TEL AVIV (Nov. 19)
Yitzhak Ben Aharon has accused his colleagues in the Labor Party of conspiring with “hostile elements outside Histadrut” to force his resignation, which he announced last night, as secretary general of Israel’s powerful trade union federation. The charge was contained in an 800-word letter of resignation which Ben Aharon submitted to the Histadrut Executive.
He said the campaign to oust him began almost as soon as he took office in 1969. “I endeavored to overcome the conspiracy and the efforts to undermine me from certain groups in my party, some of whom went so far as to join forces with hostile elements outside the Histadrut,” he wrote. But, he said, he was forced to resign “because of the force that was crystallized in the Party with the aid of outside elements to stop me from doing my work, seeking to get me involved in marginal complications in order to divert the struggle on matters of principle to a personal level.”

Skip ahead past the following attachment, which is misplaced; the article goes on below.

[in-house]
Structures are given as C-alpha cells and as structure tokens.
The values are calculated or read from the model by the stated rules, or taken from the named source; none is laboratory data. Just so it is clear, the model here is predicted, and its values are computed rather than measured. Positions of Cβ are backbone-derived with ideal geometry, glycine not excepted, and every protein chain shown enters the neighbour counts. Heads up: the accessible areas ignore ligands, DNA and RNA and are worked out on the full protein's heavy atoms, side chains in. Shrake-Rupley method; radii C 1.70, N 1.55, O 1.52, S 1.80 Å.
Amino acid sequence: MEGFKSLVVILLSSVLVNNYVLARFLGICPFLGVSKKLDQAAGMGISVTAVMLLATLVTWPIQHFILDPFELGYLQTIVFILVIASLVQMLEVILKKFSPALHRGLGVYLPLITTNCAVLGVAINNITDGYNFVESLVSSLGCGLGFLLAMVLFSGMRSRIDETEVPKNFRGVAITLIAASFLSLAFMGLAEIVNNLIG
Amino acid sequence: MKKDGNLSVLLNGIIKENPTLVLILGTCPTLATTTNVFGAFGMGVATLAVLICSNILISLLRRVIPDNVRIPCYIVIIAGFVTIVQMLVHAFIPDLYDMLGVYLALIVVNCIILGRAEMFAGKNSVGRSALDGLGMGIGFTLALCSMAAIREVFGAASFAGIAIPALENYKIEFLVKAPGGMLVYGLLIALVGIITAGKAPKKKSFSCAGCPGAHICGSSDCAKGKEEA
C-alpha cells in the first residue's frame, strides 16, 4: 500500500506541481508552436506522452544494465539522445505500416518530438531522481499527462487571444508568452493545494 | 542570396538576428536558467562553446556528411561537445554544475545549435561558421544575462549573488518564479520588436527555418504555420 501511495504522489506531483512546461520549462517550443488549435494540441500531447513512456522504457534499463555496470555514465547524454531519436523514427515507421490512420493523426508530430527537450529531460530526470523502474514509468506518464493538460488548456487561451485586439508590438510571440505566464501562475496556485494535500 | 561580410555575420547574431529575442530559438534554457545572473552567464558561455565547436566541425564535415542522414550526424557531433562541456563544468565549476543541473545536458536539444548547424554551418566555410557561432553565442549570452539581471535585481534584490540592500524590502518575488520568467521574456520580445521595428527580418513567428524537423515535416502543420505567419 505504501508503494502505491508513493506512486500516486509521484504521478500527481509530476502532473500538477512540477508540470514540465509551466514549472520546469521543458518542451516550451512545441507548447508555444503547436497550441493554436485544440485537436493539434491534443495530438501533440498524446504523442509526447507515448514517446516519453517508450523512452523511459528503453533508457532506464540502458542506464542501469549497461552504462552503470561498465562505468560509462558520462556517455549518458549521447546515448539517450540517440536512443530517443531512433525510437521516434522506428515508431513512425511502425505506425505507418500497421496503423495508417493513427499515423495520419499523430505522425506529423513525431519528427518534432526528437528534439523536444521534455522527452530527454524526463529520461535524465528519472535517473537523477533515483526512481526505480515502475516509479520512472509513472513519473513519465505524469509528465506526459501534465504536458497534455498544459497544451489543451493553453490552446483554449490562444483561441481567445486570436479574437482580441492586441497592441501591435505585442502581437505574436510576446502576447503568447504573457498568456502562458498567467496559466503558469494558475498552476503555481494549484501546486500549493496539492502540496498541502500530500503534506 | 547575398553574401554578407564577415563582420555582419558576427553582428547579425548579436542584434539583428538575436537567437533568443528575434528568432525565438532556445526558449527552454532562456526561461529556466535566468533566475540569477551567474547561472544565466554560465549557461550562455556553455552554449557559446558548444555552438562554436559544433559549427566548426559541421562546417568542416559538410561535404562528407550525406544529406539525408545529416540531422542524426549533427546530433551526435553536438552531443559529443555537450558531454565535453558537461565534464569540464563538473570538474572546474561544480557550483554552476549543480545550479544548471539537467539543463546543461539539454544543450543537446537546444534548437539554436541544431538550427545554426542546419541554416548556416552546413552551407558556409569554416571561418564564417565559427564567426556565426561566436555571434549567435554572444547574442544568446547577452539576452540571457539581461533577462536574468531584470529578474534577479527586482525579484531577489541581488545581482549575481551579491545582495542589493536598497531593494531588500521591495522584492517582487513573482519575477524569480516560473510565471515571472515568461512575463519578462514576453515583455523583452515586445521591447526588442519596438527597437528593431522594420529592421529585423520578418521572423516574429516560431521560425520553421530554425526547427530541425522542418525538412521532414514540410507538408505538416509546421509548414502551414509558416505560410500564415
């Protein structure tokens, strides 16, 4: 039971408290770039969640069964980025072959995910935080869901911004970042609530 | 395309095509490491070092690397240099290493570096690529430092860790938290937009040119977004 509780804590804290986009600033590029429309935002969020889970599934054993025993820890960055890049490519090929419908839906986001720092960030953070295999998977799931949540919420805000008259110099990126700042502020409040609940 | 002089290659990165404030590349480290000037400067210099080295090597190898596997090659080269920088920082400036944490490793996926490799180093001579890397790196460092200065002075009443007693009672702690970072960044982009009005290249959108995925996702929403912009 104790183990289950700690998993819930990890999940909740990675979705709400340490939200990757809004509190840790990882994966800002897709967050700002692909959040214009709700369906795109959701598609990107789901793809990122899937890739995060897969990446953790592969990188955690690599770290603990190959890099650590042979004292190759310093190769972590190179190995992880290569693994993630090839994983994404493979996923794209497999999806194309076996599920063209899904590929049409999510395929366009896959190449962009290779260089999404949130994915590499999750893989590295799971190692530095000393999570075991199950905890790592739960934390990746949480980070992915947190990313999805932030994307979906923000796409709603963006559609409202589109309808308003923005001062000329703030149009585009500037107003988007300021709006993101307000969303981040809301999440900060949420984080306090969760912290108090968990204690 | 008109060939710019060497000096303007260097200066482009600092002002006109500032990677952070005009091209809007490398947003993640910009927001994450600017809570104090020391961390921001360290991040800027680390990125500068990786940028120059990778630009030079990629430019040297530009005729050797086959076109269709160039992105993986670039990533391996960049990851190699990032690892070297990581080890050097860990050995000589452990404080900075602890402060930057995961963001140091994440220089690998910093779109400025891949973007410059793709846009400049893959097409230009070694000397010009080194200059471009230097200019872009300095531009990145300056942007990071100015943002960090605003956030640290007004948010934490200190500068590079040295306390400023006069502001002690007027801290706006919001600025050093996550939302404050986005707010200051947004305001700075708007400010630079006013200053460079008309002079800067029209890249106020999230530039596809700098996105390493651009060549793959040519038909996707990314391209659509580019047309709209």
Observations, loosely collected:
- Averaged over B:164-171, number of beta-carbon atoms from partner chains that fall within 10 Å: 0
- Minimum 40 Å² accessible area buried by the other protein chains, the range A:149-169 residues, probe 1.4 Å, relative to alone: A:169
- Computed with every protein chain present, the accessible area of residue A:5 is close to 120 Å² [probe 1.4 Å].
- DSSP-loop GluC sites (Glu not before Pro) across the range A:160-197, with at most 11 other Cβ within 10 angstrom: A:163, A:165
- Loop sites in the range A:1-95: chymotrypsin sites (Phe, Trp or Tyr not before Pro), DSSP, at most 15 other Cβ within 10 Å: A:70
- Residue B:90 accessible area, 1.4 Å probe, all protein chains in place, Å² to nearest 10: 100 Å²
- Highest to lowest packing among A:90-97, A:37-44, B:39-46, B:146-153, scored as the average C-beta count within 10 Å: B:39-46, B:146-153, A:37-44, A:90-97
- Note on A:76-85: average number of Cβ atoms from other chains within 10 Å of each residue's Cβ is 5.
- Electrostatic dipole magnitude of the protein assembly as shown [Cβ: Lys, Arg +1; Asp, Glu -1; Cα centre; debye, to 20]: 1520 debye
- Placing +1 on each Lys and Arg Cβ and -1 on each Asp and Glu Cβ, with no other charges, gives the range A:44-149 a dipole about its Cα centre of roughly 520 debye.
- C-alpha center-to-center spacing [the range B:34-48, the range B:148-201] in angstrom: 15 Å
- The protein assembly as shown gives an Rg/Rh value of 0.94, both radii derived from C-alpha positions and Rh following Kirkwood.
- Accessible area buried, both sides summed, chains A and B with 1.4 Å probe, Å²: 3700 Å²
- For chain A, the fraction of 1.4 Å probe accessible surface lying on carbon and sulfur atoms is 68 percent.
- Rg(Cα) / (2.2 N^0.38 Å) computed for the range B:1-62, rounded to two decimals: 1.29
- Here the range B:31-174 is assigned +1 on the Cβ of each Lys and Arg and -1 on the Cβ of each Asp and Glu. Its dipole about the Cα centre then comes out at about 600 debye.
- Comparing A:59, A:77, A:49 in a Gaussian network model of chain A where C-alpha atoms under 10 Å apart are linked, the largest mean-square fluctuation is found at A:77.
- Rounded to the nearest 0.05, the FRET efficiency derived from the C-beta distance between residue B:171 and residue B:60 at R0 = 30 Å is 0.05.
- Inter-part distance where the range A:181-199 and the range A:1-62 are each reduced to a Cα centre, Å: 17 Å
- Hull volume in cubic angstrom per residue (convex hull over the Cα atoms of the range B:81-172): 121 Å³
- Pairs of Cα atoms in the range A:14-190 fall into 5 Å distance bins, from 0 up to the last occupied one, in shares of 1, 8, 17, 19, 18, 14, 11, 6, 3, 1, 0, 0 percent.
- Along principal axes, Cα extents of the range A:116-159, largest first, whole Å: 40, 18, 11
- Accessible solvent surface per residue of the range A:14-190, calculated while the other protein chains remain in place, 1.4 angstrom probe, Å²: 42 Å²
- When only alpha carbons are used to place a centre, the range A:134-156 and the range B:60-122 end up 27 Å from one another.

Ben Aharon, an outspoken “dove” and a frequent sharp critic of the government’s economic policies and Finance Minister Pinhas Sapir’s in particular, claimed that he was “punished for fighting for a more equitable division of national resources.” Aharon Yadlin, secretary general of the Labor Party, said this morning that Ben Aharon’s charges were baseless.
The Histadrut leader’s resignation came as no surprise. The view he expressed several months ago, that Israel should voluntarily withdraw from certain administered Arab territories before a peace treaty, was unpopular with a majority of his party.
His stock plunged further during the Yom Kippur War. He aroused the fury of the Likud opposition two weeks ago when a newspaper here published remarks attributed to him in an interview in New York that were highly critical of Gen. Ariel Sharon, founder of the Likud. Ben Aharon, who cut short his New York visit and returned to Tel Aviv, denied having made the remarks. There was no indication today who will replace him in the Histadrut leadership post.